Average student debt of those who borrow is in the 20s-30s of thousands at most schools. $75k of debt for an undergraduate degree would be an outlier anywhere. https://lendedu.com/blog/student-loan-debt-statistics-by-sch...
This belief could cost you a lot of money.
Watching something that once was a "sure bet" go bust is very humbling. Watching those speculators go bankrupt by the hundreds is very sad. It made me realize that this particular dinosaur could be very real.
Yeah, if you are dumping money into a bubble hoping to cash out at the top, you are taking a major risk. If you’re investing long term in an asset with literally centuries of history of growth, then you’re probably going to be okay.
And realistically, what’s the alternative? I guess government bonds?
Even if you believe that in your lifetime the human race will collapse under the strain we’re creating on the planet, investing is still the appropriate hedge for your doomsday “die in a catastrophe” plans. You can refuse to call it “investing”, but then you’re just arguing for a pointless definition that no one else really agrees with.
according to that definition, your parent poster would be correct, even if (or maybe once) your fears come true.
This is not to say I don't think we are in a large bubble.
So there's no point in worrying about such scenarios.
I'd like to see how you came to this conclusion.
Painting with broad strokes, one can retire after working in tech for 15-25 years. Start at 25 and they are done by 50. Current death rates for dying between 25 and 50 are less than 0.7% ; that's not even correcting for the fact that the wealthy likely have a reduced mortality rate .
 - https://www.cdc.gov/nchs/products/databriefs/db293.htm#age_s...
 - https://scholar.harvard.edu/files/cutler/files/jsc160006_01....
to get the probability of dying before 50 you have to look at the total number of deaths/pear, distributed by age: https://www.statcan.gc.ca/pub/91-209-x/2013001/article/11867...
the area under the curve for 0->50 looks about 1/10 of the overall, so I'd say the op is about right.
Yes, which is why I took the sum of those numbers for ages 25 to 50.
>the area under the curve for 0->50 looks about 1/10 of the overall, so I'd say the op is about right
You're describing the conditional probability that, given you have died, you are under the age of 50.
this means that out of 100k 25-50 yr olds 726 died during 2016. This is the probability that you will die during this year, given that you are a 25-50 year old, which is different from the probability that you will die before the age of 50. (the prior number ignores the cumulative probability that you have died as a <50 yr old during all years prior to 2016)
Given that all of us will die, the only question is the age at which we die. The conditional probability that, given you have died, you are under the age of 50 is exactly what we should be looking at.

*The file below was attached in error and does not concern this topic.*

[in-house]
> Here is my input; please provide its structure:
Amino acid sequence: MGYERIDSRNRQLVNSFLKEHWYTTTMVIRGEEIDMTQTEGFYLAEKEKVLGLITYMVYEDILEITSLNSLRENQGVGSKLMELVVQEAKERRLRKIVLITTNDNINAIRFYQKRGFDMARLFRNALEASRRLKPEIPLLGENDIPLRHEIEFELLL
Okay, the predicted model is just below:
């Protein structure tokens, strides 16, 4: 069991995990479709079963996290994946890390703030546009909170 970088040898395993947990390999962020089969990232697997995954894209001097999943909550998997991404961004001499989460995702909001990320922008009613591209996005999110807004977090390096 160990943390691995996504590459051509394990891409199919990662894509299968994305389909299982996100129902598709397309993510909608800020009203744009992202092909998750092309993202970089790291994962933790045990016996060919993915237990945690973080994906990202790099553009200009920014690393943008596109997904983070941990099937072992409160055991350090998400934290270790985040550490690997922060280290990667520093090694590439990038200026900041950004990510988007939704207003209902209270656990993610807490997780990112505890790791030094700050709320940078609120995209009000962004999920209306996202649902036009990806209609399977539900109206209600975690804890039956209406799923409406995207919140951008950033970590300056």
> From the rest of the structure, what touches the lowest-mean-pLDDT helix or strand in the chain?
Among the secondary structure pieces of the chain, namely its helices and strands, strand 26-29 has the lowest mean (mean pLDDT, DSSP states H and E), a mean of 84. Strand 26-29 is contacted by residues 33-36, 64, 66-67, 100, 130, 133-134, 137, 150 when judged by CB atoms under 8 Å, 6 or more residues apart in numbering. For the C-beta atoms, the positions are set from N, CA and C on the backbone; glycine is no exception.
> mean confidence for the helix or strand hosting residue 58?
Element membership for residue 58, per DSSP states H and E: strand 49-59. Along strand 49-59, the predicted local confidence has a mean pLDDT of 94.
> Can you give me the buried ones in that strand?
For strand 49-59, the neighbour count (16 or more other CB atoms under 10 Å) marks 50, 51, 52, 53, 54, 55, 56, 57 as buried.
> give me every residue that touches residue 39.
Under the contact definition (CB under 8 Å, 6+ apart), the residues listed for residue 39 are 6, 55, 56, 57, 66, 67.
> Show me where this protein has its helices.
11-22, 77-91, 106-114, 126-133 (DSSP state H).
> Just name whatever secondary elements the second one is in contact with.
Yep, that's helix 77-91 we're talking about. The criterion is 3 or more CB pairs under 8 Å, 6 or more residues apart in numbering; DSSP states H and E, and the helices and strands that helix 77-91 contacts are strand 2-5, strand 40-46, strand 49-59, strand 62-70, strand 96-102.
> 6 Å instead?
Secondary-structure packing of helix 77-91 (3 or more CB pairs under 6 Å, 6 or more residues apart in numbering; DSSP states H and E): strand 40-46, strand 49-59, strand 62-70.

Ah you're right about that. Looks like I'm probably way off. This random thing google turned up  says that a 25 y/o male has like a ~70% chance to make it to 50!
>Given that all of us will die
Something doesn't feel right about this, but I can't figure out what. I'll let it simmer and assume you're correct in the meantime.
 - http://flowingdata.com/2015/09/23/years-you-have-left-to-liv...
just intuitively though, a probability of .7% for dying before 50 seems way too low
Start at say 25 and that's going to give you a much better than 1:10 chance of being able to very comfortably retire someplace cheap. If nothing else 1 year of work = 1.5 years not working, but at 4% return (over inflation) and 15% investment taxes you can retire in 15 years.
If you’re not making enough, and having financial flexibility is important to you, then considering a career change is in order. You might need to go down before you go up. Invest in yourself through education and experience and leverage that to get into a higher paying path (see more on this here: https://ramenretirement.com/2018/04/30/wealth/)
Once you have some real savings and wealth, then it’s all about investing it properly to generate inflation protected passive income (IPPI). I prefer real estate for this (see here for more on RE investing: https://ramenretirement.com/2018/03/18/ultimate-guide-to-rea...). I don’t think enough people consider alternative investments. Putting all your eggs in public markets is a low cash flow proposition, along with lower long term returns (see how returns compare here: https://ramenretirement.com/2018/03/18/ultimate-guide-to-rea...). If you have excess savings, you don’t need all that liquidity and should consider less liquid investments that might have higher returns: https://ramenretirement.com/2018/02/23/youre-too-liquid/
Lastly, people talk about the 4% rule, but that’s bullshit for a whole host of reasons: https://ramenretirement.com/2018/01/21/4-percent-rule/
Save money. Build wealth. Invest it wisely, considering alternatives other than the stock market. That’s the path. Simple, but not necessarily easy.
I've been hearing that forever. Yet still the market goes up an average of 7% per year after inflation.
> Any failure in your investment strategy